The ready-made activities from BreakoutEDU work really well (free and paid), or you can design your own activity using Google Forms.
Google Meet escape room activities:
- Winter Sports digital breakout by BreakoutEDU (free)
- Digital CLUE (created by Stephanie Howell)
- Hogwarts digital escape room (Peters Township Public Library, McMurray, PA)
8. Learning stations with Google Slides*
Escape rooms aren’t the only group Google Meet activity.
You can also use breakout rooms to replicate learning stations like you you might use in your traditional classroom.
Learning stations help break up a long class period into manageable 10-15 minute blocks.
In order for this to work, you need a digital space to organize your stations.
Google Slides works really well for this Google Meet activity.
I created this group project slide deck to facilitate independent work for up to 9 groups.
Before class, I add directions and resources to each group’s slide. They can use the slide to share a summary of their work and can add links to Jam files or anything else they created as a group. I can pre-populate each group’s slide with the group members, task and instructions.
Here are some quick ideas for how you could use this idea in various subject areas:
- ELA: Assign groups to do a biography of a different character in the book you are reading.
- Social Studies: Assign groups to document the key contributions of a historical figure.
- Elementary: Letter showcase
- Science: Assign groups to summarize an element from the periodic table.
- World Language: Assign groups to define and provide examples for vocabulary words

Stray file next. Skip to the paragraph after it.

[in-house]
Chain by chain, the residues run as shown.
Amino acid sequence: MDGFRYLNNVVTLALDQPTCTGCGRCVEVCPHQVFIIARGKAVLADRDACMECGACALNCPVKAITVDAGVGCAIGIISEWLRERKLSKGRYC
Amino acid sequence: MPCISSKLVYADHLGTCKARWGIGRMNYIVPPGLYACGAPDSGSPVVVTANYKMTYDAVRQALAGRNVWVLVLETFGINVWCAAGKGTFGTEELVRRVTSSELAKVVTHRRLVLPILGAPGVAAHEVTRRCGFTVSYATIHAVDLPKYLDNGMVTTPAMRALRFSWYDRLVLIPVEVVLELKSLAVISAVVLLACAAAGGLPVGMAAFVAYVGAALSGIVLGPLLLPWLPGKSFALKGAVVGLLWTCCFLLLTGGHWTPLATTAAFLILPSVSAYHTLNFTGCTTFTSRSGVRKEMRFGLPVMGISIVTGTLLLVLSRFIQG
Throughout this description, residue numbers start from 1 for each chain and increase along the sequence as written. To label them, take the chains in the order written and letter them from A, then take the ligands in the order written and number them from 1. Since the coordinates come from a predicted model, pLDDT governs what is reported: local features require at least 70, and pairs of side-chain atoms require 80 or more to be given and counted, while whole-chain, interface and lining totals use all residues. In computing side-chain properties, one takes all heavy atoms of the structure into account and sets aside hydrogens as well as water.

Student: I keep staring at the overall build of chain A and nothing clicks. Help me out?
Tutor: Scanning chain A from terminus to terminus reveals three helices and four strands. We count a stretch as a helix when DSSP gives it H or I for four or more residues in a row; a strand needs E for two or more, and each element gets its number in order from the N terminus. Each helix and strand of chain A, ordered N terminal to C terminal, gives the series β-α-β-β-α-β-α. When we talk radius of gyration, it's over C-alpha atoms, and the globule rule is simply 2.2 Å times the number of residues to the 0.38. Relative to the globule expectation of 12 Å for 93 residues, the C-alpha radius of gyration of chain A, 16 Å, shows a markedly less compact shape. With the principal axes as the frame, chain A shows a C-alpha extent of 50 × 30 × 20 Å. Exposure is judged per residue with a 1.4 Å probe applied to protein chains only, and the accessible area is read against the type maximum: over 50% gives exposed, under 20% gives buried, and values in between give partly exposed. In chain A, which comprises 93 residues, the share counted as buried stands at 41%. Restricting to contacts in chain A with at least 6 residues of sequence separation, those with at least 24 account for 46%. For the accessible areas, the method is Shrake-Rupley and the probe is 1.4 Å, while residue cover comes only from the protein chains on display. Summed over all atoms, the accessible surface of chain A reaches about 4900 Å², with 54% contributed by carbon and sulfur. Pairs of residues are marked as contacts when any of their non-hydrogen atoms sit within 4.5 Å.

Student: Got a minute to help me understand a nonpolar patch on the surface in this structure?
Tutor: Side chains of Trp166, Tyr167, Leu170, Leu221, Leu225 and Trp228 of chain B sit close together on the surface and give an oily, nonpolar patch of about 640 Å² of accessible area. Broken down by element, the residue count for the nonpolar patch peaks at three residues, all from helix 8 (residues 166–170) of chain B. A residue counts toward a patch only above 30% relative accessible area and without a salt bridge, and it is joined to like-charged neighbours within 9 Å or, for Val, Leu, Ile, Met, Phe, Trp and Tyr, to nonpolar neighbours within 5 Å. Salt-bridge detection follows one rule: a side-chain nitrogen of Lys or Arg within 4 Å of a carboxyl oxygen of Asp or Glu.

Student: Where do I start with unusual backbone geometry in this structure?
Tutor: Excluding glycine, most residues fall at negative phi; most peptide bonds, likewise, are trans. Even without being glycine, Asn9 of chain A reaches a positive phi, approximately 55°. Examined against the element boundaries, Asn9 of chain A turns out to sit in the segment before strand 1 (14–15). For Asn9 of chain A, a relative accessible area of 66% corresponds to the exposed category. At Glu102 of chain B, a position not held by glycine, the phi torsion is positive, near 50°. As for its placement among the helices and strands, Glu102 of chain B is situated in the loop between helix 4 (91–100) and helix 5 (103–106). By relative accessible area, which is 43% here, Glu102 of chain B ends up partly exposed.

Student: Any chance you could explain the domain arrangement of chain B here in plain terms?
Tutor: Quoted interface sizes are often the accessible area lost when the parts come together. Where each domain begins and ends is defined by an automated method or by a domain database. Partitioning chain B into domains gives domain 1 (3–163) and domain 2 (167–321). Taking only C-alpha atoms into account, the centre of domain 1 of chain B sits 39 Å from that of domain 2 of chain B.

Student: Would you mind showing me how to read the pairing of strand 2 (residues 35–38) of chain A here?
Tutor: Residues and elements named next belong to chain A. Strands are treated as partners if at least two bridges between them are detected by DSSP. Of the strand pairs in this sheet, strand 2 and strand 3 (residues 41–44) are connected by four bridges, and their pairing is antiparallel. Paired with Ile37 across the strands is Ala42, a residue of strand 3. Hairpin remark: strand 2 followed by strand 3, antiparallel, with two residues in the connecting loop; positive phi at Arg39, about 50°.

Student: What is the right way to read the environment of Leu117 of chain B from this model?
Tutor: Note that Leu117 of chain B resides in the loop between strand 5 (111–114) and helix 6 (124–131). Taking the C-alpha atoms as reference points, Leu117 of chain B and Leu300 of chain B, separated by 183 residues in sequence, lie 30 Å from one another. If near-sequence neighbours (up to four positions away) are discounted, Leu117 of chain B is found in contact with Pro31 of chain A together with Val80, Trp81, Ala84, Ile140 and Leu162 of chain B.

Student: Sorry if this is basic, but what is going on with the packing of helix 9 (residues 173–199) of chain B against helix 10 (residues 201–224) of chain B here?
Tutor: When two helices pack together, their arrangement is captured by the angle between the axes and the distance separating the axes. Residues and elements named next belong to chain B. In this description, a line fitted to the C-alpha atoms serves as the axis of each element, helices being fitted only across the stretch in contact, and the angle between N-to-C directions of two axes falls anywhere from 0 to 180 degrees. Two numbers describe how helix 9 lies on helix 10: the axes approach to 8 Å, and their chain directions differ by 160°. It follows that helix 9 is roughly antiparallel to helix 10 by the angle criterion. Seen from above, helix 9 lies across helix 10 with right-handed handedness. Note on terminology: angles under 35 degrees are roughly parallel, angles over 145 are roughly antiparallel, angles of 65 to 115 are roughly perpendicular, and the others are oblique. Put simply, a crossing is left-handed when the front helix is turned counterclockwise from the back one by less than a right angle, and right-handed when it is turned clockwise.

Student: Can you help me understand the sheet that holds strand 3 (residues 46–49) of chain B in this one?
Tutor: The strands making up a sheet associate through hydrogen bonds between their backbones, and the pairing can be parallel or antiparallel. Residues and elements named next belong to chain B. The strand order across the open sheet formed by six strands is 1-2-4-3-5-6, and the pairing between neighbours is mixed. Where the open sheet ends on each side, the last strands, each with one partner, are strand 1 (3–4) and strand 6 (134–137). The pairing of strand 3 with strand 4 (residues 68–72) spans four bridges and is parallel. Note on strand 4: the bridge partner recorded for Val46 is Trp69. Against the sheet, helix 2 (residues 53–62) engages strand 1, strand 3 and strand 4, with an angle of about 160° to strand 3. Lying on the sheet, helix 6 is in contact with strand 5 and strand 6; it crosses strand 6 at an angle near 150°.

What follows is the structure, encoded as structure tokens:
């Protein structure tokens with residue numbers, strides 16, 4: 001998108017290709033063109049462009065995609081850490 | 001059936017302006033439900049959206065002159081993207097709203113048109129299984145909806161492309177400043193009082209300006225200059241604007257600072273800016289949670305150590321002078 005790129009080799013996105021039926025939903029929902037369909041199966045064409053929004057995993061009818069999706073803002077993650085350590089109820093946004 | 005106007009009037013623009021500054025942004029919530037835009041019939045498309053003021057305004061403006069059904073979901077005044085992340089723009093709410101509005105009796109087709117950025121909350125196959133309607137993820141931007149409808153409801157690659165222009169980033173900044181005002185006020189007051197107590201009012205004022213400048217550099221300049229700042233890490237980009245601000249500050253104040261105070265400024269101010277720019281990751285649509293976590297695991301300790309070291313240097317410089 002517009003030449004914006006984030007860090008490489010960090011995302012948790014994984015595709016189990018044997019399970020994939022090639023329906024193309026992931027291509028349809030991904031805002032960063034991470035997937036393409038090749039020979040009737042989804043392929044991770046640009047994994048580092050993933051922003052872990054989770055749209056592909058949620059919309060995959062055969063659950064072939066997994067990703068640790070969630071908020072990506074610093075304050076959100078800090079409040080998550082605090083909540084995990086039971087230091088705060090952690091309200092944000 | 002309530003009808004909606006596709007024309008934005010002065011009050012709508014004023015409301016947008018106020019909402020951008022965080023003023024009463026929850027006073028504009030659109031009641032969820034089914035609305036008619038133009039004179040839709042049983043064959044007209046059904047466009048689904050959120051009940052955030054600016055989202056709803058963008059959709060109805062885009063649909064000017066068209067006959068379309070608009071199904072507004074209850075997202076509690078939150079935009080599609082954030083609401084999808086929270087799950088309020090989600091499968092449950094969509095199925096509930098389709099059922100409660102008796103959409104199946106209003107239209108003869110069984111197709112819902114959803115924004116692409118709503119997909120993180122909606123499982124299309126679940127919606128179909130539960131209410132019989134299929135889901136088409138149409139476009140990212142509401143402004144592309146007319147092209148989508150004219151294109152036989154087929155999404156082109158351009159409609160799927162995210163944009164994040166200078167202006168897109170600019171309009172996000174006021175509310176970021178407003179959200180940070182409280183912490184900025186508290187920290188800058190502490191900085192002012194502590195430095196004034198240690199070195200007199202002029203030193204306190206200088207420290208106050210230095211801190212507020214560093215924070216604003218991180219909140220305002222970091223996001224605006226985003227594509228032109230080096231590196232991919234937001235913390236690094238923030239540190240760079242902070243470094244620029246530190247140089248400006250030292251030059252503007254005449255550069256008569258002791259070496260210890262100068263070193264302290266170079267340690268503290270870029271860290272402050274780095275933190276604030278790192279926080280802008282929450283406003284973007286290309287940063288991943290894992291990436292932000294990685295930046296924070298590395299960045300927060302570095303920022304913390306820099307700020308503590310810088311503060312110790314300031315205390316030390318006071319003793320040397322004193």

- Math: Assign groups to document the steps required to solve a problem
- Review: Assign each group an objective from your study guide.
9. Link to a Google Classroom activity
We just talked about small group work, but what about independent work?
Is it possible to give every student in Google Meet their own individual assignment?
Yes….using Google Classroom!
Every assignment in Google classroom has a unique URL which you can use to post in the Google Meet chat to help students navigate to the correct assignment.
? Tip: Introducing an assignment during a live session will help minimize confusion about where assignments are located and when they are due.
To learn more about linking to a Classroom assignment through Google Meet, check out the video below.
10. Exit Ticket Q&A*
I’m a big fan of exit tickets at the end of a lesson.
Asking students to reflect on their learning give you valuable feedback and improves retention.
Unfortunately, reflections posted in the chat are messy and difficult to read after the session ends.
I recently discovered that you can use the Q&A feature (enterprise only) for exit tickets.
This is typically the last Google Meet activity that I assign to my students.
When students use the Q&A to share their reflection, everyone can see a nice, orderly list of responses that don’t clog up the chat.
The meeting host can hide any inappropriate responses.
At the end of the meeting, the meeting host will receive a nicely formatted spreadsheet listing all of the student responses.
You can take your time reviewing the responses to plan your next lesson or assign participation grades based on the responses that were submitted.
What’s working in your classroom?
Remote teaching is really hard.
I know you are doing your best to challenge and support your students during this pandemic.
Did you have success using one of my Google Meet activities in your classroom?
I would love to know!